Firstly please forgive the really long post, I’ve been thinking of starting this blog for some time so had quite a lot of stuff to update you with. Please stick with me, I’m going to need you on this epic journey!

Pre-T1D

I have actually spent most of my life without type 1 or indeed any real knowledge of the condition, with no one in my family in living memory having had the condition. Born in 1980 I grew up in a small mining town near Pontefract in West Yorkshire, the first English born from a Scottish family.

From a very early age I’ve had an interest in sport and exercise playing football for my local football team from 4 years old and going on to captain the local team and playing for the school football teams until entering open-age football at just 15 years old. Football has been a huge part of my life and weekends have been spent playing Saturday and Sunday league football until 2012 which turned out to be a milestone year all round.

I continued my love for sport and exercise into my studies and graduated from Nottingham Trent University (having studied at North Lincolnshire College Centre for Sports Excellence) with a BSc (Hons) in Sport and Exercise Science. Little did I know those endocrinology modules would actually come in really handy!

Diagnosis

2012 began as positive as any year I can remember, my wife and I had settled into our new house and we were expecting our first child in November. I planned on retiring from local football at the end of the season and had recently got into running and cycling. Indeed I was training for the York 10k race when I noticed my performance levels dropping rapidly and saw my training runs getting slower and slower instead of faster and faster. I remember getting further behind the other lads at football training and put it all down to getting older (at 32 years!) until it got to the point where any form of exercise made my heart feel like it was about to burst out of my chest.

The dwindling performances were coinciding with other weird happenings; I’d suddenly gained an unquenchable thirst, particularly for orange juice and could easily drink a 2 litre carton in seconds. I had been spending half the night going to the toilet, much to the dismay of my heavily pregnant wife. Then one morning I walked out of the shower in just a towel and my wife just shook her head and said “something is seriously wrong, please get to the doctors!”, I looked skeletal, upon weighing myself I’d lost 21 lbs in just three weeks!

Fast forward 24 hours and I was at York Hospital’s Diabetes Centre with a blood glucose level of 27 mmol. A quick bit of training and an insulin injection regime sorted and I was home armed with a blood glucose testing kit, a couple of insulin pens, needles and a list of instructions.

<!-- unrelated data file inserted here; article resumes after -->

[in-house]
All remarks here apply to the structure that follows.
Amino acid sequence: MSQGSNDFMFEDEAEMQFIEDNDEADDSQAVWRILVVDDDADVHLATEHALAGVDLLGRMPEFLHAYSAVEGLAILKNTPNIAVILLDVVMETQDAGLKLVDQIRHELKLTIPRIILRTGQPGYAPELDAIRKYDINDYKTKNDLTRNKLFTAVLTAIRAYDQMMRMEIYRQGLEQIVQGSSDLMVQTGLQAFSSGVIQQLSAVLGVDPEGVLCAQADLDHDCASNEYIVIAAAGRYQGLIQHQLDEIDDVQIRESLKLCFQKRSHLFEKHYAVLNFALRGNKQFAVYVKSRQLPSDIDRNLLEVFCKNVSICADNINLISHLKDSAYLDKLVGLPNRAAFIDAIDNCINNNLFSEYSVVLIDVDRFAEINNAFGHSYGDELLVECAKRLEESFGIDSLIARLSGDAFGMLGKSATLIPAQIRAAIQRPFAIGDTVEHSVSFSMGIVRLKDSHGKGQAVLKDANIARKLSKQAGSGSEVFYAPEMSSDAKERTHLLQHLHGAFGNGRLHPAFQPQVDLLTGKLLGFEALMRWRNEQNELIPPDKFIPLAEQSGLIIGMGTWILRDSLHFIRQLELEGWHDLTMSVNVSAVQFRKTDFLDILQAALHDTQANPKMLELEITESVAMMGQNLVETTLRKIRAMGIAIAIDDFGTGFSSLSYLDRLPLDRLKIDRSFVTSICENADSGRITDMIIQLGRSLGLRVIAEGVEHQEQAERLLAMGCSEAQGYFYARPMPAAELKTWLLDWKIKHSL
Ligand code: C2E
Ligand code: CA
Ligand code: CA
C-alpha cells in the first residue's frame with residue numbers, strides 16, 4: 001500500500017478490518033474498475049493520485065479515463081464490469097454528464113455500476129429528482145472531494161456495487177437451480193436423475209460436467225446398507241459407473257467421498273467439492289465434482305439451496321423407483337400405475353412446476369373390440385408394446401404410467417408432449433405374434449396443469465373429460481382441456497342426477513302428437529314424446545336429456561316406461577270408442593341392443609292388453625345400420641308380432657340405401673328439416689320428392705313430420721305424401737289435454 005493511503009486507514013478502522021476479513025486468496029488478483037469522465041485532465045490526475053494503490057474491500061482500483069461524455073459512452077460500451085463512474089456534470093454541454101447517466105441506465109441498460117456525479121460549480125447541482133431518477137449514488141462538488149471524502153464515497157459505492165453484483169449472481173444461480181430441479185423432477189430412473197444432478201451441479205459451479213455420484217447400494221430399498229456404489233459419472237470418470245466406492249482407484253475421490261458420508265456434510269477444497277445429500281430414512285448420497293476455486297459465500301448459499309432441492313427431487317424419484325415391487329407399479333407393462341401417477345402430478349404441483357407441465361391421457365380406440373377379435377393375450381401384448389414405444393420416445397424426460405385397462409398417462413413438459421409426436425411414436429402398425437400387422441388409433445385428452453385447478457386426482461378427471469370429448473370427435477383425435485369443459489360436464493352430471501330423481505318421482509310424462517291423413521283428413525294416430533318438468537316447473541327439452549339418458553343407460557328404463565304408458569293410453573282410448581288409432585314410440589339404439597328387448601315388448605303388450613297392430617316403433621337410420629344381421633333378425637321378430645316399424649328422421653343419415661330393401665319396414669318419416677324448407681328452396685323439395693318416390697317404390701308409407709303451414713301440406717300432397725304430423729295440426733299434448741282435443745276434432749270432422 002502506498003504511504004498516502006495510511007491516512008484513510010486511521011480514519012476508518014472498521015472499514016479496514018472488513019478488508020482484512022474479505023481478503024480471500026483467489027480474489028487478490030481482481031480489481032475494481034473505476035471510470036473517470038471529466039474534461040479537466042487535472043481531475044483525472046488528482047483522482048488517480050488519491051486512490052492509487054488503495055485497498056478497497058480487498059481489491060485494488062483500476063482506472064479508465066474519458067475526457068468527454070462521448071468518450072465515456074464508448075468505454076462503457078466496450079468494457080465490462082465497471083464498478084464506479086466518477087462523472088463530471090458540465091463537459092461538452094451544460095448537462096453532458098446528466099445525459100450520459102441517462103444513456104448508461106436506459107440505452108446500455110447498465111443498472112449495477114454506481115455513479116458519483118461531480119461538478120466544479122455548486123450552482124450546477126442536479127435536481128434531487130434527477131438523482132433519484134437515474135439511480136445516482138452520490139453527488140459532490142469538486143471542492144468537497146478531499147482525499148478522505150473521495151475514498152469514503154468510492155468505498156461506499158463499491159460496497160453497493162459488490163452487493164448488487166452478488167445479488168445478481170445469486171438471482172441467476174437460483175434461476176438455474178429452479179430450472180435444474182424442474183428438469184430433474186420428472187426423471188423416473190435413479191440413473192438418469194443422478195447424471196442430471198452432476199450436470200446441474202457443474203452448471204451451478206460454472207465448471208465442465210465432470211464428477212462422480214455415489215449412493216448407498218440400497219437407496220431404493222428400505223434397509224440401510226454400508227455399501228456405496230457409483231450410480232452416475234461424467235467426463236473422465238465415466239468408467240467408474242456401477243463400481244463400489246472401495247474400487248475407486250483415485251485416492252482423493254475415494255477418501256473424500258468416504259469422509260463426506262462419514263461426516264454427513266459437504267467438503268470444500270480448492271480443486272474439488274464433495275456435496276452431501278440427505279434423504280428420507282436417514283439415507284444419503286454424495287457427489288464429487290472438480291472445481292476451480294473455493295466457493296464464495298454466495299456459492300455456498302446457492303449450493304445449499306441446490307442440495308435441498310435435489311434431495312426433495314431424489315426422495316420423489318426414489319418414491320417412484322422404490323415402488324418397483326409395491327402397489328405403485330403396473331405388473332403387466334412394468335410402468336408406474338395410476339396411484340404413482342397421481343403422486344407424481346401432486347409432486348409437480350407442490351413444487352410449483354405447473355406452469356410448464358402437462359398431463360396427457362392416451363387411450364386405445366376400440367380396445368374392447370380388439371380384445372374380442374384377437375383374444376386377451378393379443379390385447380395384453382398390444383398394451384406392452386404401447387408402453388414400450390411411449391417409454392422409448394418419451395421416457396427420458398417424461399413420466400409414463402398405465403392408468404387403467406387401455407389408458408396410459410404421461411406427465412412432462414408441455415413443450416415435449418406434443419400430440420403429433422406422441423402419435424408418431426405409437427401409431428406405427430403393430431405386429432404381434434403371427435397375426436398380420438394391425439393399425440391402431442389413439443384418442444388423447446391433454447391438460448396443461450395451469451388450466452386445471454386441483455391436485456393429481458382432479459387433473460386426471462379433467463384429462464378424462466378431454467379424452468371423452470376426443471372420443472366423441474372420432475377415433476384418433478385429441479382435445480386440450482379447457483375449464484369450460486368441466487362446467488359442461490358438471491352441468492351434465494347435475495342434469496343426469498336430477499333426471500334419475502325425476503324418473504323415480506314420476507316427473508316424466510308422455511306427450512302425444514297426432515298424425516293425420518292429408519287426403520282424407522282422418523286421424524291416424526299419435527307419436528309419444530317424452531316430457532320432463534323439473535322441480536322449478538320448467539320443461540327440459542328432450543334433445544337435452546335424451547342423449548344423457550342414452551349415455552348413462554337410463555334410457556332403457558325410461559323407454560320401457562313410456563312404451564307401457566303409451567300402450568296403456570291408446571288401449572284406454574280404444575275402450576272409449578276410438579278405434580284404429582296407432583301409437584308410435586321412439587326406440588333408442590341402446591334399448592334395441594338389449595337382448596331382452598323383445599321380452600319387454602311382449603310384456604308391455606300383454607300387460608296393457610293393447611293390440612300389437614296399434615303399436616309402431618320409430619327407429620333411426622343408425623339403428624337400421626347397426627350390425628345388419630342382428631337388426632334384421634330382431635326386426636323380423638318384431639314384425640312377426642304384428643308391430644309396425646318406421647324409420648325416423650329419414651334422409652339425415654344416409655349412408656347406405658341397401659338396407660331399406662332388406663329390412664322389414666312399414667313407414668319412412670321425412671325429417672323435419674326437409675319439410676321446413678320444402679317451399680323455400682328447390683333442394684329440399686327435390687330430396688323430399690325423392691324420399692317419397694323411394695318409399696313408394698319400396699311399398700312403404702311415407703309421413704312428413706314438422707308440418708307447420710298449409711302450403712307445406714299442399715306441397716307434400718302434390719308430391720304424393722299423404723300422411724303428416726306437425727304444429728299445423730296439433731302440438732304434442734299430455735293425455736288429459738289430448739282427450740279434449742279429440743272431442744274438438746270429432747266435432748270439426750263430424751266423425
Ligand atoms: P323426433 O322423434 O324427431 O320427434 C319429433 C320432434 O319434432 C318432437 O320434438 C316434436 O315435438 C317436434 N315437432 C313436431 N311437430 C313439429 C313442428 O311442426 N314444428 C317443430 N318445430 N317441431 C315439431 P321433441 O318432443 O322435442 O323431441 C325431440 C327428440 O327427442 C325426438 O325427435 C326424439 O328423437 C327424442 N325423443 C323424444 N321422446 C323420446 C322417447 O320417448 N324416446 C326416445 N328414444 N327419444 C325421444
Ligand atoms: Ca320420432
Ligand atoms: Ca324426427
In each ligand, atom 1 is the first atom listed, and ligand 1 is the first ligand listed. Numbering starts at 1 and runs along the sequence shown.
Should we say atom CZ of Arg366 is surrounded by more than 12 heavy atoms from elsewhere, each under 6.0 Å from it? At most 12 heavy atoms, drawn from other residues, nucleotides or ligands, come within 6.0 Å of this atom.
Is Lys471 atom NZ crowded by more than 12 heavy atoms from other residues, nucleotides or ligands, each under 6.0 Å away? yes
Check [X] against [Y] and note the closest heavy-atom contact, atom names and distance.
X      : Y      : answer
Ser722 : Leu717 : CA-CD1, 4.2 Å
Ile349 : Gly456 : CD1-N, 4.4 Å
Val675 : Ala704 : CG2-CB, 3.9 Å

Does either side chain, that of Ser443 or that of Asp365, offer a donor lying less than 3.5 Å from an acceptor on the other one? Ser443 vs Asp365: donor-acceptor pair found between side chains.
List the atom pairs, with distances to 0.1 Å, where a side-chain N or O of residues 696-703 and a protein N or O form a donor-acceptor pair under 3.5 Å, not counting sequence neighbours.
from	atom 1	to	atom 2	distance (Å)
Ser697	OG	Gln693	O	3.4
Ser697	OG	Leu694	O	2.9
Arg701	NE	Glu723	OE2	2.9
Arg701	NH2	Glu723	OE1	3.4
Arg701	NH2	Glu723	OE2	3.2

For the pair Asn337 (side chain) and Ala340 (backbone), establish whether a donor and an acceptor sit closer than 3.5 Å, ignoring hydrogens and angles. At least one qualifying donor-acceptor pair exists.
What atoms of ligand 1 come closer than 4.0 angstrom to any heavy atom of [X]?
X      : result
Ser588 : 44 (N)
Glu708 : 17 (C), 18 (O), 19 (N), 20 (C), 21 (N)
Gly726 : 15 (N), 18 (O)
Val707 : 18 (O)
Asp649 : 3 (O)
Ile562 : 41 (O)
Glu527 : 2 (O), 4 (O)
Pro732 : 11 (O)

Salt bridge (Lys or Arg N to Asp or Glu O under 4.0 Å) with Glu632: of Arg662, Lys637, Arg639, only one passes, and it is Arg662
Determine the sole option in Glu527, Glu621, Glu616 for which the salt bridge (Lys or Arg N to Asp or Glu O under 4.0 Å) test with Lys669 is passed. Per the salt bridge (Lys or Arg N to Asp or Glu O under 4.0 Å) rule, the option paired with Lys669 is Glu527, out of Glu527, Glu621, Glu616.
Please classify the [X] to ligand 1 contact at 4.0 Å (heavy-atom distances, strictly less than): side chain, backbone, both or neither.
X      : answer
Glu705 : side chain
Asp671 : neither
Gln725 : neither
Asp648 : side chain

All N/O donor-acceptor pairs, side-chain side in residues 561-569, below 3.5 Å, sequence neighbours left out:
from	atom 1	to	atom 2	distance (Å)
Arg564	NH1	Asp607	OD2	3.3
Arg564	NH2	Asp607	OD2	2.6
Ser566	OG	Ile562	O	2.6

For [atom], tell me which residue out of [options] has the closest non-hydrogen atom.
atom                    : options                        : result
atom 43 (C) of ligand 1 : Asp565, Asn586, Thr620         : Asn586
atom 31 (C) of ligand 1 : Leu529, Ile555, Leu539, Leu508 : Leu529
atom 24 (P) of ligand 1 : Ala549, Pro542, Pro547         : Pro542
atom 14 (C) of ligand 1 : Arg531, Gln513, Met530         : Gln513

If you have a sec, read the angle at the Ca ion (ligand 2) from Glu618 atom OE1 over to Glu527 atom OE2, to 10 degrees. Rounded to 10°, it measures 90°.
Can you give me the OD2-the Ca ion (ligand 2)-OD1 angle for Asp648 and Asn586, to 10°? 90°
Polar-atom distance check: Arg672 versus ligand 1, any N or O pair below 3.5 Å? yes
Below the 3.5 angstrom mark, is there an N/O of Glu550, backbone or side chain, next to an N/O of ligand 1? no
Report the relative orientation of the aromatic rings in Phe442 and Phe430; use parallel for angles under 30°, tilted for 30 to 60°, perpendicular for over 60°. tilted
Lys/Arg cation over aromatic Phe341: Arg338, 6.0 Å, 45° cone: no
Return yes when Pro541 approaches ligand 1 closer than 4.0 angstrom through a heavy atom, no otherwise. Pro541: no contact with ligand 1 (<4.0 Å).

My immediate reaction upon diagnosis was really that I wouldn’t be able to take part in sport and exercise any more, I wouldn’t be able to have a pint with the boys and I would have to eat certain foods, no chocolate bars or cakes etc..

Education, Education, Education

I live by a number of mantras, one in particular being “be the expert”. If I was going to manage this condition and enjoy a decent quality of life I was going to have to learn about it, understand it, the way it works, how it acts and ultimately how to control it.

I attended the BITES course at York Diabetes Centre (a variation of DAFNE) which involved learning about carbohydrate counting, how the different insulin types work, the Glycaemic Index of foods and how quickly carbohydrates break down and enter the blood stream. A lot of this was reinforcing my sport and exercise science degree just in a different, life-prolonging context.

I also took to Twitter and Facebook to find other T1Ds who were taking part in sport to ask them how they managed it. I conversed via social media with type 1 diabetics who were Iron Man triathletes, elite marathon runners and cyclists who regularly cycled over 100 miles at a time. Finally I took the leap to show my T1D who’s boss!

Learning the Lessons

In 2013, not even a year since diagnosis I registered to run the York 10k (August), Great North Run (September) and Yorkshire Marathon (October) raising money for Diabetes UK. I completed the York 10k and Great North Run in respectable times whilst I simply completed the Yorkshire Marathon! My blood glucose meter failed at mile 15 and I gorged on energy gels due to fear of going hypo, ended up with St. John’s Ambulance and a meter reading of “Hi” at mile 20 before running off and completing the race by walking and running in short bursts. Overall result; the need for more understanding.